[LINK] BigPond goes Static
cas at taz.net.au
Wed Jan 21 17:06:45 EST 2004
On Wed, Jan 21, 2004 at 12:44:45PM +1100, Ash Nallawalla wrote:
> > On Tue, Jan 20, 2004 at 03:54:53PM +1100, Ash Nallawalla wrote:
> > > I have located people with fixed IP addresses because their email
> > > headers over time are unchanged.
> > people don't have fixed IP addresses. machines do.
> I know. The ones I referred to are companies whose networking regime is known to
> me (fixed IP addresses). While that CEO's secretary or wife may well surf the web
> from his PC and know his password, I don't think she would visit my site from his
people don't have IP addresses. machines do. assuming otherwise is a mistake.
> > at the very least, you should understand the limitations of what you are
> > doing and not be surprised - or upset - when your mail gets rejected
> > because it is coming from a dynamic IP address....because it WILL get
> > rejected for that reason. there is just too much spam and too many viruses
> > coming
> Why shouldn't I be surprised?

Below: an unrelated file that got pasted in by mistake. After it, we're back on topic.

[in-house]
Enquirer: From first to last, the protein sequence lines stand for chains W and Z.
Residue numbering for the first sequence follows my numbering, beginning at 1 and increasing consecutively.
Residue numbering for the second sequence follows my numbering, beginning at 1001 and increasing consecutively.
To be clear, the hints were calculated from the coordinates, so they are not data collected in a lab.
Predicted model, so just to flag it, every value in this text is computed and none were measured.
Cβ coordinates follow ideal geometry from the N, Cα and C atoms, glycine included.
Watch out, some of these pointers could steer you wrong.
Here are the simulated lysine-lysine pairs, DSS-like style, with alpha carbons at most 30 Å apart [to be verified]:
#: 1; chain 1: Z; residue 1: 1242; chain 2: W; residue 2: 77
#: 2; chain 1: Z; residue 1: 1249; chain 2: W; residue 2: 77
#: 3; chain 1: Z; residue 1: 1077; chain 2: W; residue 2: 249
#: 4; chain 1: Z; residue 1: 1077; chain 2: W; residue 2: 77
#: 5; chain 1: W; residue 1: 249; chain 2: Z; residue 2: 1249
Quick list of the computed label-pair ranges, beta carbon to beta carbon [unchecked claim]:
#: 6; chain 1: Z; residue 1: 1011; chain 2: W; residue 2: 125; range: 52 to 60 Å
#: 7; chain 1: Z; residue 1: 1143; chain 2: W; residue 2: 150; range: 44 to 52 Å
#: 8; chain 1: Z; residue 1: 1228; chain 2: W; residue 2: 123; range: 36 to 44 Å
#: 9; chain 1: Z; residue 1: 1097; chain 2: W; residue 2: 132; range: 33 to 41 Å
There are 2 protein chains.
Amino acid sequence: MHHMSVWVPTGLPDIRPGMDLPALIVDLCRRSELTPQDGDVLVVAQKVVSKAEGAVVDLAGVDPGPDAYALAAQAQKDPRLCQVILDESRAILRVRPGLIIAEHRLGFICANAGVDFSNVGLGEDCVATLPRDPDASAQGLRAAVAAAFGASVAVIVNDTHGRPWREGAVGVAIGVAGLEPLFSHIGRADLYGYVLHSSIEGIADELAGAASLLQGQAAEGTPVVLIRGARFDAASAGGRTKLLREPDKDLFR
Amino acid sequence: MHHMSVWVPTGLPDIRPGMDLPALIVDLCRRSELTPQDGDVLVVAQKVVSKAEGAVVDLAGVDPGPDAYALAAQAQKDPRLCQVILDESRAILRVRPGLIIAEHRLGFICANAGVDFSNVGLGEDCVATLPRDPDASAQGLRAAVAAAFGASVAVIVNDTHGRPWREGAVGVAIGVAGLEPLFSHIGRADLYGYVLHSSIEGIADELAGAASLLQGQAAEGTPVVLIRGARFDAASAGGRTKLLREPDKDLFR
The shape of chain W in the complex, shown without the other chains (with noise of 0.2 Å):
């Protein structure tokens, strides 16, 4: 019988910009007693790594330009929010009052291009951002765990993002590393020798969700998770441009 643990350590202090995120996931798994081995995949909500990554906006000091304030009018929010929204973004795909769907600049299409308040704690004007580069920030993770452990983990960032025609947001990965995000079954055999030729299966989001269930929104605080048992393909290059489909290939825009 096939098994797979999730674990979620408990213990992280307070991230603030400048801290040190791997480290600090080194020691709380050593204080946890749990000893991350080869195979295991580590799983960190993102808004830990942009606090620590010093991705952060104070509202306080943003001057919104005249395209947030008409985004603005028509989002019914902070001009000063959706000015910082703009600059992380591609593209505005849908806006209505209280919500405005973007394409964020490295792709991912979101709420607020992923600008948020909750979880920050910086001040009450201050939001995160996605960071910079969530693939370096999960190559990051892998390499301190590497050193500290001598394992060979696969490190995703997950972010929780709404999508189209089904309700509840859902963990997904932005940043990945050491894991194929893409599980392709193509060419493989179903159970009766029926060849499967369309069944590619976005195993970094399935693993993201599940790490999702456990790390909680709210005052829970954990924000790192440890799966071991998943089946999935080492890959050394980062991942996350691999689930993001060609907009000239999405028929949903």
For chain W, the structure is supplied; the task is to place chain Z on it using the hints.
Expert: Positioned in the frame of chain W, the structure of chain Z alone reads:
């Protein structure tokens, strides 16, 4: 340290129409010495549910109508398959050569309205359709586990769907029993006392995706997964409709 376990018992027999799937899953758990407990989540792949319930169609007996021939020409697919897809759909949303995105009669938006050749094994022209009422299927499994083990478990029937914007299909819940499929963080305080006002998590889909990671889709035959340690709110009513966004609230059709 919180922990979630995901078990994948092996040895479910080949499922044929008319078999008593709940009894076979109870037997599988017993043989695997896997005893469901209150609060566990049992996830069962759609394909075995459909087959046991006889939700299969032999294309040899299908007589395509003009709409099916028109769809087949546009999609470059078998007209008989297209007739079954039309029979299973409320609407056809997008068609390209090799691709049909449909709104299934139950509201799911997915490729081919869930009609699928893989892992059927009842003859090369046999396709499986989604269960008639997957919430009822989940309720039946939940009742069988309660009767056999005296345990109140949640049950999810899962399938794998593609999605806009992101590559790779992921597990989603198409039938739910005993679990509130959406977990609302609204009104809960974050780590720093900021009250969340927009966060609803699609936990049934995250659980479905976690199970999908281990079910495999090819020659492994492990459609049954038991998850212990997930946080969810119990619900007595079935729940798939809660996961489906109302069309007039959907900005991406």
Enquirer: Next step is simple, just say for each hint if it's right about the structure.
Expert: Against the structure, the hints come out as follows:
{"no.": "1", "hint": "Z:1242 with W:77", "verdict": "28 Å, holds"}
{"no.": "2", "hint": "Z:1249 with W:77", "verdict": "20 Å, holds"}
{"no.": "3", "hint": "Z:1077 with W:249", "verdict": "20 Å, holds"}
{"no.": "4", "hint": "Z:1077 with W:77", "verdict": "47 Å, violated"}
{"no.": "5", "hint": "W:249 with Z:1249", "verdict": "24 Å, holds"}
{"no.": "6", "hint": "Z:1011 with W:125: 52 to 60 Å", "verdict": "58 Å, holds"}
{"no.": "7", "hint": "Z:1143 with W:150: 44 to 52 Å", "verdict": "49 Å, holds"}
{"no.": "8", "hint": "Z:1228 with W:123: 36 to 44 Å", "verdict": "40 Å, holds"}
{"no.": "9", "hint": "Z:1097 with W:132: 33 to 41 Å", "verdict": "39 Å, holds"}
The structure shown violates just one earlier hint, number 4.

because many sites do not accept mail direct from dynamic IP addresses. They
use DUL RBLs or other methods to identify connections from dynamic addresses.
> I am *trying* to understand Outlook 2003 and its "limitations", (oh woe is
> me, it is not Open Source). The above test suggests that it checked the DNS
> and didn't bother to send it to my SMTP gateway.
> To use a supposedly cooler mail client, Agent, doing the same results in a
> popup stating a 450 error, not a bounce email. I can't replicate the error
> with the blacklisted address.
it has nothing to do with the client. mail from dynamic ip addresses will be
rejected regardless of whether it's sent by a mail user agent like
outlook/eudora/mutt etc or a mail server such as postfix or sendmail or
4xx error codes indicate "temporary failure, try again later". Outlook should
NOT bounce a message on a 450 error, it should put the message back in the
outbound queue ("Outbox" or whatever it's called) and optionally alert the user
with a popup dialog.
> So, to extrapolate, Netspace did such a good job by using the black list to
> manage its outbound mail, that it blocked me from sending an email to its own
that's dumb. they should know their own IP address ranges, so they should
easily be able to exclude them from RBL checks - that's standard procedure for
any ISP (or other mail server) using any of the RBLs.
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